As the tentering chain 35 travels to the right, the spacing between the travel direction and the rail 54 becomes less and less, whereby the wedges 45, 45a are pressed into the wedge-shaped recess 44, 44a more and more. This movement of the wedge or wedges perpendicularly to the travel direction moves the coupling elements 47, 48 so as to reduce the on-center spacing between the journal pins 51, 51a. As a result, the spacing between neighboring tentering bodies 36, 37 is reduced as shown at 38. On the other hand, when the spacing between the travel direction and the rail 54 increases, the wedge 45a is pressed out of the recess formed by the walls 44, 44a because there is no self-locking effect between the wedge and the recess forming walls of the coupling elements 47, 48. The movement of the wedge out of its recess if there is no counterforce by the rail 54 against the roller 52, is caused by the tension load applied to the chain as the chain travels along its path.
FIG. 10 shows an embodiment in which the back and forth movement of the wedge is controlled by two rails 54a and 55 which slant away from the tentering chain 35. However, the effect is the same, except that the smaller spacing 38 happens first, and the larger spacing 39 happens next when the spacing between the travel direction and the two rails 54a and 55 increases. The rail 55 makes sure that the wedge is moved out again. In other words, the rail 54a assures the shrinking by the minimizing of the spacing between neighboring chain links or rather neighboring tenter bodies while the second control rail 55 assures the stretching operation by increasing the spacing between neighboring tentering bodies 36, 37.
Rather than moving the wedge 45 back and forth as described above, it is also possible to provide two wedge sections hinged to each other at the narrower end and to drive these two wedge sections toward and away from each other. The effect of adjusting the pitch would be the same.
Incidentally, the above mentioned end foot 46 of the wedge 45 makes sure that the wedge cannot be completely withdrawn from the recess 44, 44a. In order to permit the above described adjustment, the hinging pins of the chain links must be movable in elongated holes shown at 40 in FIGS. 9 and 10. These elongated holes 40 provide the respective guiding in the longitudinal direction 35a. The wedging action provides for a continuous, stepless adjustment of the pitch just as the eccentric adjusting device and the toothed rack and pinion device.
FIGS. 11 to 14 illustrate different types of locking mechanisms for arresting the adjustment device in an adjusted position. These arresting mechanisms are suitable for all the three types of adjustment devices as described with reference to FIGS. 1 to 10.
FIGS. 11 and 12 show a latch 57 for locking the wedge 45 in a position in which the two coupling elements 47 and 48 are adjusted to a desired pitch. As shown, the latch 57 is illustrated in the unlocked condition. The latch 57 is pivoted at 57a to a mounting block 58 arranged, for example, on the coupling element 48. The wedge 45 is provided with a shoulder 56 against which the latch hook 59 will rest, for example, under the force of a latch locking biasing spring, not shown, but arranged in the mounting block 58. Once the latch hook 59 engages the shoulder 56, the wedge 45 cannot move out of the recess 44, 44a. The unlocking of the latch 57 is accomplished by a control rail not shown, which is so positioned that a surface 60 of the latch 57 can run up the rail, whereby the latch 57 is lifted to disengage the shoulder 56. It is an advantage of the arresting mechanism that in the arrested state loads are not transmitted through the control or guide roller 52 to the adjustment mechanism. Thus, the guide or control rails 54 need to be positioned only where a shrinking or stretching is supposed to be applied to the film. Similarly, the control rail which engages the surface 60 will also only be located where it is needed.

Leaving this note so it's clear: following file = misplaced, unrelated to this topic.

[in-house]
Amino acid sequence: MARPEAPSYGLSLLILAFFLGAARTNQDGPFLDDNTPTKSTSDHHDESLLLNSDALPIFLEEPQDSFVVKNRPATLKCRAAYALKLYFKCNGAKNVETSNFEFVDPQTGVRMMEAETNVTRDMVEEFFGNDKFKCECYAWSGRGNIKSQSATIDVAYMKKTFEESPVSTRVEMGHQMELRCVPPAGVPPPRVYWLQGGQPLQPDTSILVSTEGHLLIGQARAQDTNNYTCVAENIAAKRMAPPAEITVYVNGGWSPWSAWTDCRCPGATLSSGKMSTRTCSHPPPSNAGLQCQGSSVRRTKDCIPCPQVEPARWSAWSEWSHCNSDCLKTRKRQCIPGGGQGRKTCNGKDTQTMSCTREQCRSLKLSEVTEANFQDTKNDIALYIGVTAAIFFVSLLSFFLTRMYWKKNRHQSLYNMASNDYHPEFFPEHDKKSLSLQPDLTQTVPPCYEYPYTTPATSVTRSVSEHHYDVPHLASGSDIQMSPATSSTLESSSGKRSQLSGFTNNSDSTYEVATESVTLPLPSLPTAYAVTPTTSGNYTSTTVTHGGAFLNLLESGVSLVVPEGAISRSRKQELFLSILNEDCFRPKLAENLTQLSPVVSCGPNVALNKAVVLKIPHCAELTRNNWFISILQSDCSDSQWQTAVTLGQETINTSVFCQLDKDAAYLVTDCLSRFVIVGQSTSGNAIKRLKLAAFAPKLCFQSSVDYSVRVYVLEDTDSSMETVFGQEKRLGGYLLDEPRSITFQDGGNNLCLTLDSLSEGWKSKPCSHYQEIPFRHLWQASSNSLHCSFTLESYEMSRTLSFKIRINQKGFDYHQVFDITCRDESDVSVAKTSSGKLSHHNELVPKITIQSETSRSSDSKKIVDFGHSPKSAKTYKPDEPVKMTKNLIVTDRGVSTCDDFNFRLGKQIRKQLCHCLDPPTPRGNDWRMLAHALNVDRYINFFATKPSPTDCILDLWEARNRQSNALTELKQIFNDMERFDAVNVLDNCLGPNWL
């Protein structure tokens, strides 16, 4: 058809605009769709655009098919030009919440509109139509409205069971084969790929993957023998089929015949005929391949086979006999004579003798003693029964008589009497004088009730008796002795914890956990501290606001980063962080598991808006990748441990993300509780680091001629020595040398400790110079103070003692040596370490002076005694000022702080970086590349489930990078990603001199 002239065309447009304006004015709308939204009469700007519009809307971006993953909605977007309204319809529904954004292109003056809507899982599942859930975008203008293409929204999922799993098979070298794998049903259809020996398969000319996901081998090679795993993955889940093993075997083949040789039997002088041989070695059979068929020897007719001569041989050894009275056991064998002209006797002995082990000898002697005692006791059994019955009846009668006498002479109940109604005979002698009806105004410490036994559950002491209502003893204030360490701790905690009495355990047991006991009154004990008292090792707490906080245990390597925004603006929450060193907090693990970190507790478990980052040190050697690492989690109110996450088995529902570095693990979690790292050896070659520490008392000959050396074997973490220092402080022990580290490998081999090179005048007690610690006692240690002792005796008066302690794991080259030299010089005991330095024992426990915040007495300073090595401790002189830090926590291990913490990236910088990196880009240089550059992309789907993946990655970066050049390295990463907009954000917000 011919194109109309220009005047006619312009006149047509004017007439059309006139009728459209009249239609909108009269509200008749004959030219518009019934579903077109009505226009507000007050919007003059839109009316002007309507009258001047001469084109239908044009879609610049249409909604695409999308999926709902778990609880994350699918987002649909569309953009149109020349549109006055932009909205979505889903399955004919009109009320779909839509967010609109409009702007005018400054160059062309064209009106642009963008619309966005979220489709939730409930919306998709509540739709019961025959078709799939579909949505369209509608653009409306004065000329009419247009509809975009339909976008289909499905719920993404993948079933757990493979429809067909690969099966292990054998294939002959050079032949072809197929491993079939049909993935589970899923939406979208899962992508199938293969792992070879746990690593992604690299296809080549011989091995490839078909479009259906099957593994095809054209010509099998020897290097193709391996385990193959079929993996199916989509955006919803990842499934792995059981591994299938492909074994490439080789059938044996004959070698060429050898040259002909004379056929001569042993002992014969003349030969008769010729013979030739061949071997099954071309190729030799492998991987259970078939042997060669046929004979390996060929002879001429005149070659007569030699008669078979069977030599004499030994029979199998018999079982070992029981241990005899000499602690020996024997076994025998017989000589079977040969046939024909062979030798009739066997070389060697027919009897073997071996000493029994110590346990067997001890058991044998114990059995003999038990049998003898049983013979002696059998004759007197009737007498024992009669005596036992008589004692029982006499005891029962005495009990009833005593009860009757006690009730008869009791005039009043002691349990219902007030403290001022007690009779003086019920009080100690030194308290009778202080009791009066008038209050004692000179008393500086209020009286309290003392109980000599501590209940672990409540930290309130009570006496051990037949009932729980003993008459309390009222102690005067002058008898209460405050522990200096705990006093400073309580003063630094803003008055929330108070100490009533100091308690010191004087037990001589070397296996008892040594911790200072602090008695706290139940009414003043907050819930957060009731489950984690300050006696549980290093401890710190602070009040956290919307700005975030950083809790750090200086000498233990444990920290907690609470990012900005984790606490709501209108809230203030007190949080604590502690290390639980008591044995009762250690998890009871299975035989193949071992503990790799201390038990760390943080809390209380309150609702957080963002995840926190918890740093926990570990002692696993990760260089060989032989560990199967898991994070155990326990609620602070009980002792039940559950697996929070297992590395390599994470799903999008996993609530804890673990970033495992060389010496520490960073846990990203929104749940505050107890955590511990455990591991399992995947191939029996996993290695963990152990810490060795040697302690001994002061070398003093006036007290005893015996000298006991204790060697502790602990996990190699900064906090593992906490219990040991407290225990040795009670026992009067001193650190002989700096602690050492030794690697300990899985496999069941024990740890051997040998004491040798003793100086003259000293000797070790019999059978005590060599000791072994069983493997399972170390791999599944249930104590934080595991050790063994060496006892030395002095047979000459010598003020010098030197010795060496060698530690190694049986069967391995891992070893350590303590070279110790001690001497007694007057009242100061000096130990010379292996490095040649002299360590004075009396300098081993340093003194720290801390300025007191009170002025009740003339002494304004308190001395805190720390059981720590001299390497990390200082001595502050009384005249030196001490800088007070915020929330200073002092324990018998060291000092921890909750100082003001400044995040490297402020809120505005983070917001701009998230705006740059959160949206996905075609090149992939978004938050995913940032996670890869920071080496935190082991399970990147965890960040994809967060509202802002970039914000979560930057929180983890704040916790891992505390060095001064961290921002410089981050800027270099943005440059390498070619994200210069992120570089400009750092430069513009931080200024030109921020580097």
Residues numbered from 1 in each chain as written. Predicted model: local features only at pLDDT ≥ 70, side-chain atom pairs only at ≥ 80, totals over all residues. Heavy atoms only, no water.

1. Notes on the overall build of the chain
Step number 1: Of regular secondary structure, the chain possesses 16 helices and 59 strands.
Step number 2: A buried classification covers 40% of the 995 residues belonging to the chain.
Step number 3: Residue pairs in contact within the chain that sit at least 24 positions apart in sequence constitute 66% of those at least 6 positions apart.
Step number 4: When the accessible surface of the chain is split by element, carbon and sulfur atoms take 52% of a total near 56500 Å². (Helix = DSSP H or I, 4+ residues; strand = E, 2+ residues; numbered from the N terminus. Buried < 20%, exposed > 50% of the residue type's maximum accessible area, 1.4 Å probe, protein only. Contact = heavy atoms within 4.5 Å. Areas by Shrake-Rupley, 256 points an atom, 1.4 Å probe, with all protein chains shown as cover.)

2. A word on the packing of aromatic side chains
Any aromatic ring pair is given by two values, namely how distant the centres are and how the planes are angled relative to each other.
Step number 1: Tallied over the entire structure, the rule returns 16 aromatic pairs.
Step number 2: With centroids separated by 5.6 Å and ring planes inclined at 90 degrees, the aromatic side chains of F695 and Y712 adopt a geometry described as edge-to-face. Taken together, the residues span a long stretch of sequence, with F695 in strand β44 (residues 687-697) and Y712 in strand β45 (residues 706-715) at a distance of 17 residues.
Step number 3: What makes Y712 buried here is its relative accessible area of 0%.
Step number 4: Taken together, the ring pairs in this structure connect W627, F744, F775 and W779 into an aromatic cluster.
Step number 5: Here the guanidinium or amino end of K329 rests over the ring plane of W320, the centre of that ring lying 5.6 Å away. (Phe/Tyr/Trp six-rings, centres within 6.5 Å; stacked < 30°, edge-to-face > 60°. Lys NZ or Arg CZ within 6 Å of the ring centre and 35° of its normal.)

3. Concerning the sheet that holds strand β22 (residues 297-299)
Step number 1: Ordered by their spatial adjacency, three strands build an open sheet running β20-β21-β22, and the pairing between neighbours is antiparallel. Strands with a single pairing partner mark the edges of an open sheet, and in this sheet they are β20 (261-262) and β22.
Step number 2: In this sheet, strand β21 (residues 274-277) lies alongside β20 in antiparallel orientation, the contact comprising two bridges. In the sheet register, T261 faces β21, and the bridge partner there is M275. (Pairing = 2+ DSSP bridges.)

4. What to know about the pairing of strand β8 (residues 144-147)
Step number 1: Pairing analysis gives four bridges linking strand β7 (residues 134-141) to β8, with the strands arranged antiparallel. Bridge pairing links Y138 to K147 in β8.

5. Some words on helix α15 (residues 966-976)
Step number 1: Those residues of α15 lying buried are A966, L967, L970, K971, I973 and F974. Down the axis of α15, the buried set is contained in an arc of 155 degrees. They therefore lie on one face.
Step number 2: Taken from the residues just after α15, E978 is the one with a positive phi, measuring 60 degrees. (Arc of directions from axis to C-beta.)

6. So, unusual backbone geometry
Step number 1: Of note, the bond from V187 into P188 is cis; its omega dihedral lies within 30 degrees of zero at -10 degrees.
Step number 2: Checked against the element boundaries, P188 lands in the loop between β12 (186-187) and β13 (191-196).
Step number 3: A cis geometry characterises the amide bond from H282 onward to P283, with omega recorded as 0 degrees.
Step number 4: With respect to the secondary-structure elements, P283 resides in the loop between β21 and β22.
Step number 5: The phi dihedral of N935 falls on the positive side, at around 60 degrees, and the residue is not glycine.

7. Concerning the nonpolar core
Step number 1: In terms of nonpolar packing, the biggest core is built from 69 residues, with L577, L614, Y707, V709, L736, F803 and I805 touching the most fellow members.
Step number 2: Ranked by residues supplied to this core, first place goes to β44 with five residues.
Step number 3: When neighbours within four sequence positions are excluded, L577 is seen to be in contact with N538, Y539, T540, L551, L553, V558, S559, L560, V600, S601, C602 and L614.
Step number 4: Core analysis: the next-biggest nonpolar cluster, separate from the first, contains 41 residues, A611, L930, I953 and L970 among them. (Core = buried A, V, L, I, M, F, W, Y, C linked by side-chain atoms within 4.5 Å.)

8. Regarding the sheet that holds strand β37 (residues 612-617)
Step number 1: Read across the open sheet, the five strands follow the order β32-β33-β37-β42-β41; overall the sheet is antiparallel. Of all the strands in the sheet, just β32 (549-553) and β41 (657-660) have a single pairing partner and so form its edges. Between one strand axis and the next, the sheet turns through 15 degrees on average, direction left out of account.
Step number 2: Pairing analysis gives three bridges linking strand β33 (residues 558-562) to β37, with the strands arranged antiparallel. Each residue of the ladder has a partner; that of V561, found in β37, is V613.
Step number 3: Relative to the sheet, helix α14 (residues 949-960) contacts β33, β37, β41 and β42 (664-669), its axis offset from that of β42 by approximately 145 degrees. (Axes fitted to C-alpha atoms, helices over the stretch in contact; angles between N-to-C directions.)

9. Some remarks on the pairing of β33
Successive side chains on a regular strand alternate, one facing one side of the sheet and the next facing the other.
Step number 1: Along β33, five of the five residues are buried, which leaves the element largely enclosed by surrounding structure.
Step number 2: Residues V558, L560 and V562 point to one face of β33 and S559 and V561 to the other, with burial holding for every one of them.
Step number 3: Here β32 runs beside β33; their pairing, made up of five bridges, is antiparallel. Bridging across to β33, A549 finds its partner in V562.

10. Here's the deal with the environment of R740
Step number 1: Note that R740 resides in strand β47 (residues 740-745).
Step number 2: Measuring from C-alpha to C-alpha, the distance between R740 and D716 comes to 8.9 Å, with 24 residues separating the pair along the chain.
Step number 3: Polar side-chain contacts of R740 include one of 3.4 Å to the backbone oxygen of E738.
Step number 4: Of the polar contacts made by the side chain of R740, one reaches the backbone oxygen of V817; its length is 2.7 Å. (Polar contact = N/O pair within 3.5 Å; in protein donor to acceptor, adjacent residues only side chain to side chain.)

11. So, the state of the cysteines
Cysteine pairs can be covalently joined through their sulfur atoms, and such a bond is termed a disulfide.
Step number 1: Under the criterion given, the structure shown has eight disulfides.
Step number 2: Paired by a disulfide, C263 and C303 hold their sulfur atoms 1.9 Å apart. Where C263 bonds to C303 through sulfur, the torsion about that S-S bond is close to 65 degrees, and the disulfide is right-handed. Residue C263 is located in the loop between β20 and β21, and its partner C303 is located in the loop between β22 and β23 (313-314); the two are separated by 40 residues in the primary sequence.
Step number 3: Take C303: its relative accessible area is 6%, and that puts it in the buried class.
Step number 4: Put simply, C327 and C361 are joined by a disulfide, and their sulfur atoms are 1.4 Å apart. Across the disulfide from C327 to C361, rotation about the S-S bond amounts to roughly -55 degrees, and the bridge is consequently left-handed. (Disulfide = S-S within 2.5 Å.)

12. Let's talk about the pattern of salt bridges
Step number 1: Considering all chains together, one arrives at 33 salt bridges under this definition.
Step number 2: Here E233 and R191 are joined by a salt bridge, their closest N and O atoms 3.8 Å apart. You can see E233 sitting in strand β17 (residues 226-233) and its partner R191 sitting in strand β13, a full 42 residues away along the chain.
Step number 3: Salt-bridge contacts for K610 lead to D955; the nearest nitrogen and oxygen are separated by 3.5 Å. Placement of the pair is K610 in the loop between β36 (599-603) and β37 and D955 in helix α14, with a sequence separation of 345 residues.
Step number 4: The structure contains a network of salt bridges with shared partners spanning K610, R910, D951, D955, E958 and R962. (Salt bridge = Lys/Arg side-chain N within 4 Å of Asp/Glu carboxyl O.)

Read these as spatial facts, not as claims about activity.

When the latch 57 is engaged, there is a form-locking coupling between the adjustment mechanism and a guide rail carrier 62 only shown symbolically with dashed lines in FIG. 11. The latching also relieves the rollers 52 from loads during portions of the chain travel where no stretching or shrinking is intended. This assures a safe operation and reduces wear and tear resulting in a prolonged operational life of the system. FIG. 12 shows the illustration of FIG. 11 rotated by 90 the use of two chain runs 61, 61'. Rollers 41 are part of the chain run 61. Rollers 41' are part of the chain run 61'. The upper and lower chain runs are arranged mirror-symmetrically relative to a central symmetry plane 67. Each coupling device has its own adjustment wedge 45, 45b as shown in FIGS. 11 and 12. The locking mechanisms are also identical for each chain run.
FIGS. 13 and 14 illustrate a single run chain with chain links 41a, the pitch of which is also adjustable by a wedge 45 which is provided with a recess 65 in which a locking pin 63 biased by a spring 64 is engageable to lock the wedge 45 in a coupling element spreading position when the wedge 45 has traveled far enough to the left for the pin 63 to be biased into the recess 65. For this purpose the wedge 45 has a downwardly facing ramp 45' which engages a similar ramp at the tip of the pin 63 until the pin 63 moves into the recess 65, whereby the wedge 45 is arrested to hold the adjusted position of the chain pitch shown in FIG. 14.
The withdrawal of the locking pin 63 from the recess 65 is also accomplished by an unlocking mechanism comprising a cam follower member or roller connected to the pin 63 and engaged by a guide or control rail not shown, but positioned along the chain path where disengagement of the pin 63 from the recess 65 is necessary. As in the latch locking mechanism described above, the locking pin 63 also has the advantage that it provides a form-locking connection between the tenter body 36 and the wedge 45 to thereby relieve the follower or control roller 52 from any loads as long as the form-locking engagement is maintained.